Theatre: Man In The Moon, Glasgow

Ciaran Norris's performance in Man in the Moon is so emotionally open it's almost painful to watch. Picture: Contributed
Ciaran Norris's performance in Man in the Moon is so emotionally open it's almost painful to watch. Picture: Contributed
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IT’S BEEN a busy week at the Tron, as the theatre whirls through its week of events dealing with sectarianism in Scotland, with storytelling from the local community on Tuesday, new work from the acclaimed young Tron Commonwealth Company this weekend, and on Wednesday, a sizzling evening of works-in-progress by playwright Alan Bissett, writer and performer Isobel McArthur, and Belfast poet and composer Matt Regan, a kind of Kate Tempest with a nine-piece string ensemble.

Man In The Moon

Football Colours Allowed, Tron Theatre, Glasgow


The theatrical centrepiece of the week, though, is this raw but powerful play by writer Pearse Elliott, and Belfast-based company Brassneck, which explores one of the least-understood consequence of Northern Ireland’s 30 years of low-level civil war, followed by 17 years of uneasy peace.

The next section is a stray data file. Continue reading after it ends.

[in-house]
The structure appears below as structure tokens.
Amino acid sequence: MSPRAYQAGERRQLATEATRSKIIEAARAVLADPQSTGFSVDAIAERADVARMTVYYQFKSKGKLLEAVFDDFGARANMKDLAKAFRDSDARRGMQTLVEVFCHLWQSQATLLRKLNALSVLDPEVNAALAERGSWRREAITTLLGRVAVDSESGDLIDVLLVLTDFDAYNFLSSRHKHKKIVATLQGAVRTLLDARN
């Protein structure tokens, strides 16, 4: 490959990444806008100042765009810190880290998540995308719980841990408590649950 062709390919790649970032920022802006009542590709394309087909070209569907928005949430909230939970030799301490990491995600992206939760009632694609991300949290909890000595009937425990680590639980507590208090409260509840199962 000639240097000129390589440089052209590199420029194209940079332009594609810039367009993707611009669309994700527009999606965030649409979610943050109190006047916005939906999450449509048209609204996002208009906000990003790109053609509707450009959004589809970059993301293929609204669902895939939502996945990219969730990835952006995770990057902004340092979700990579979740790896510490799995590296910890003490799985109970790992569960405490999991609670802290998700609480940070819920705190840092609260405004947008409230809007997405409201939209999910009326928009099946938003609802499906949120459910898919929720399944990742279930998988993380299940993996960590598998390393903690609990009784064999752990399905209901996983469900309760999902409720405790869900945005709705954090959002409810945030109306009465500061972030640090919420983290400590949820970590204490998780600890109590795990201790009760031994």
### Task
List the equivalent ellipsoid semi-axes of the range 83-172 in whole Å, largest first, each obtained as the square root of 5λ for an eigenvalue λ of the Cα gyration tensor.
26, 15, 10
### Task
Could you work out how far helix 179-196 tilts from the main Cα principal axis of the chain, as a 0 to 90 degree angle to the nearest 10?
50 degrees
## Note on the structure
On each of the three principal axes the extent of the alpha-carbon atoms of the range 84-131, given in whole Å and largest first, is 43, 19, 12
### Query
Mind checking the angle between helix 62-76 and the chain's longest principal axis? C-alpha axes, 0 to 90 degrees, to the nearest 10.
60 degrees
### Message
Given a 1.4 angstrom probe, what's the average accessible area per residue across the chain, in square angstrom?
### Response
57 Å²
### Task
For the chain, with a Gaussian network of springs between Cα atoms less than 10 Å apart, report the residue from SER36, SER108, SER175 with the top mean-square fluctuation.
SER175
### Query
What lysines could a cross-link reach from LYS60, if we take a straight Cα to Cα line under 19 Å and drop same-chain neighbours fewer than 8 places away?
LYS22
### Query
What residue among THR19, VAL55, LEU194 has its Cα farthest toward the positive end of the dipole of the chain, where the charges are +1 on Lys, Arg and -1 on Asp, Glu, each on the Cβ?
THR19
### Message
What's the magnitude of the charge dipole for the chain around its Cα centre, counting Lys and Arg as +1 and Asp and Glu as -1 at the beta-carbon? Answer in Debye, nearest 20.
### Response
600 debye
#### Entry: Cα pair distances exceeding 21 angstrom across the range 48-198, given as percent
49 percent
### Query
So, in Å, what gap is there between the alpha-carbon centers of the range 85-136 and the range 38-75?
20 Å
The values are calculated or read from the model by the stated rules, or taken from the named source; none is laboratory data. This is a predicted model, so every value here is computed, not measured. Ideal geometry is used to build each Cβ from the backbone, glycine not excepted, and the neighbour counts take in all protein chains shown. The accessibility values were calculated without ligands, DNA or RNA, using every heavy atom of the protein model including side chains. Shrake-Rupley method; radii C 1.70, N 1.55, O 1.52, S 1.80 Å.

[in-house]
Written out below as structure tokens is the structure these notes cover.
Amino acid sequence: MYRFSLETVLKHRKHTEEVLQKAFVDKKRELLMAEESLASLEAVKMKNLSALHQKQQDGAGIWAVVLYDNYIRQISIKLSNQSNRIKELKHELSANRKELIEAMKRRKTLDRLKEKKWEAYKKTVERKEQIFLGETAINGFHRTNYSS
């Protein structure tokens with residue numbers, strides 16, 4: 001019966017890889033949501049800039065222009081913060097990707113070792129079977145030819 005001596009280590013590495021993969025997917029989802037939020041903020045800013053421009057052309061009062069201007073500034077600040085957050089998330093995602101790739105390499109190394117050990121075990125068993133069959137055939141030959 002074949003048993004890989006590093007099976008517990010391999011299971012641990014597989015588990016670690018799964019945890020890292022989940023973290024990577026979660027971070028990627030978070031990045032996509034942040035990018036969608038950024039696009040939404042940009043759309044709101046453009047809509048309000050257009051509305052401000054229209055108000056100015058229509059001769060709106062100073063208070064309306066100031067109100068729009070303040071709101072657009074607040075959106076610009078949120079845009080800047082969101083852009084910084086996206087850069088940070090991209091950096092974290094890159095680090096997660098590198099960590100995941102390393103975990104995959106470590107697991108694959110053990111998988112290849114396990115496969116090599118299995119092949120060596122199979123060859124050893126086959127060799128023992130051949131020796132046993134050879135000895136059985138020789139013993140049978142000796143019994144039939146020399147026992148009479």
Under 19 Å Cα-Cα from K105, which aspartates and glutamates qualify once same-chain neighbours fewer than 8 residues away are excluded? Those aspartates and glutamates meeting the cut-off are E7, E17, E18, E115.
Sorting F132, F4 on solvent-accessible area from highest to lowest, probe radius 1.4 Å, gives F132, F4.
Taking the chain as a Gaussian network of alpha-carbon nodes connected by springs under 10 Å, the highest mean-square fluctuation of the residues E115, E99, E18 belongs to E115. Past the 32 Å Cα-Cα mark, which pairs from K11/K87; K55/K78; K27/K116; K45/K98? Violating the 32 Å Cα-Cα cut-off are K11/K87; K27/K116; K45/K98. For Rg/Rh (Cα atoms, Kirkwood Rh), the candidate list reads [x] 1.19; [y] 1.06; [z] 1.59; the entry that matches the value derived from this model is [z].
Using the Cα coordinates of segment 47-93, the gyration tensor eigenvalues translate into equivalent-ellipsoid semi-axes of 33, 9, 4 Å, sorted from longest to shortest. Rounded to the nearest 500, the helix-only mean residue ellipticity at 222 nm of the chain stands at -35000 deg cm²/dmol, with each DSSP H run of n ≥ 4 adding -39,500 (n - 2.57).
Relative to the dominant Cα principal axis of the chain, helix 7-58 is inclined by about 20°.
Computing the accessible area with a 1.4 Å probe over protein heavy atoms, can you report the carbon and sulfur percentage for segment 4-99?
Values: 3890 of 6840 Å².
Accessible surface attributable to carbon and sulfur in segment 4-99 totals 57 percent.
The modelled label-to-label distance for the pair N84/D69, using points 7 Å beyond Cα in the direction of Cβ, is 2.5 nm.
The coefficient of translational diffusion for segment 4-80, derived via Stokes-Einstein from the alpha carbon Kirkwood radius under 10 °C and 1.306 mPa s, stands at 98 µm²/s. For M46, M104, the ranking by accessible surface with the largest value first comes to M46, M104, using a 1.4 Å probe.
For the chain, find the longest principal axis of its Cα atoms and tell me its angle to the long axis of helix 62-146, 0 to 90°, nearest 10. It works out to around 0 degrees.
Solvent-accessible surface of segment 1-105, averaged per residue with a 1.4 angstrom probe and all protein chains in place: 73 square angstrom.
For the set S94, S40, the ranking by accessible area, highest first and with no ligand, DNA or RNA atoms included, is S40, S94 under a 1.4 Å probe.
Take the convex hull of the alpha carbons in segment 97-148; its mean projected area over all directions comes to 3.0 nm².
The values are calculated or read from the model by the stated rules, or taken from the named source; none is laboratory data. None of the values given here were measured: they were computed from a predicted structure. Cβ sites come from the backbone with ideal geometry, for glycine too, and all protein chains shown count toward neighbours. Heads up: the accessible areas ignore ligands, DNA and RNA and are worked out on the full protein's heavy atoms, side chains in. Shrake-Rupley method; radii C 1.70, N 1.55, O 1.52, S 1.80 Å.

The hero of Man In The Moon is Sean, a West Belfast lad who somehow finds himself, at 40 or so, sitting on a bench at the city’s Half Moon Lake, mourning too many men from his childhood group of friends – including his own brothers, Joe and Liam – who have taken their own lives.

In a programme note, Pearse Elliott makes it clear that the play is partly autobiographical, based on what he terms an “epidemic” of suicide among the Belfast men with whom he went to school. And throughout his two-hour play, divided into ten or 12 episodes like so many gradually darkening shaggy-dog tales 
told in a pub, the reasons behind this slow-burning disaster remain both obvious and mysterious, a litany of ordinary 21st century male working-class misery – lost jobs, lost wives, lost relationships with children – edged with something harder that seems rooted deep in recent history, a total loss of male status, meaning and purpose that ends in death.

There’s something painfully raw, almost embarrassing, about the emotional openness of Ciaran Nolan’s performance as Sean; a fierce hyper-maleness, a desperate physical and verbal over-expressiveness, a need to impress and amuse, that is all too recognisable to anyone who knows Belfast – or Glasgow too, come to that.

Yet as the story deepens and darkens, Sean’s fierce hyperactivity, loud bursts of raucous song, and ferociously sexist tales of the women in his life, gradually give way to a heartbroken quietness and stillness; in a play that lingers on slightly too long, through several possible endings, but finally has the courage – almost in the style of an advice leaflet – to exhort its audience to live, to change their lives, and not to take that final step into the dark.

Seen on 05.03.15

• Run ends tonight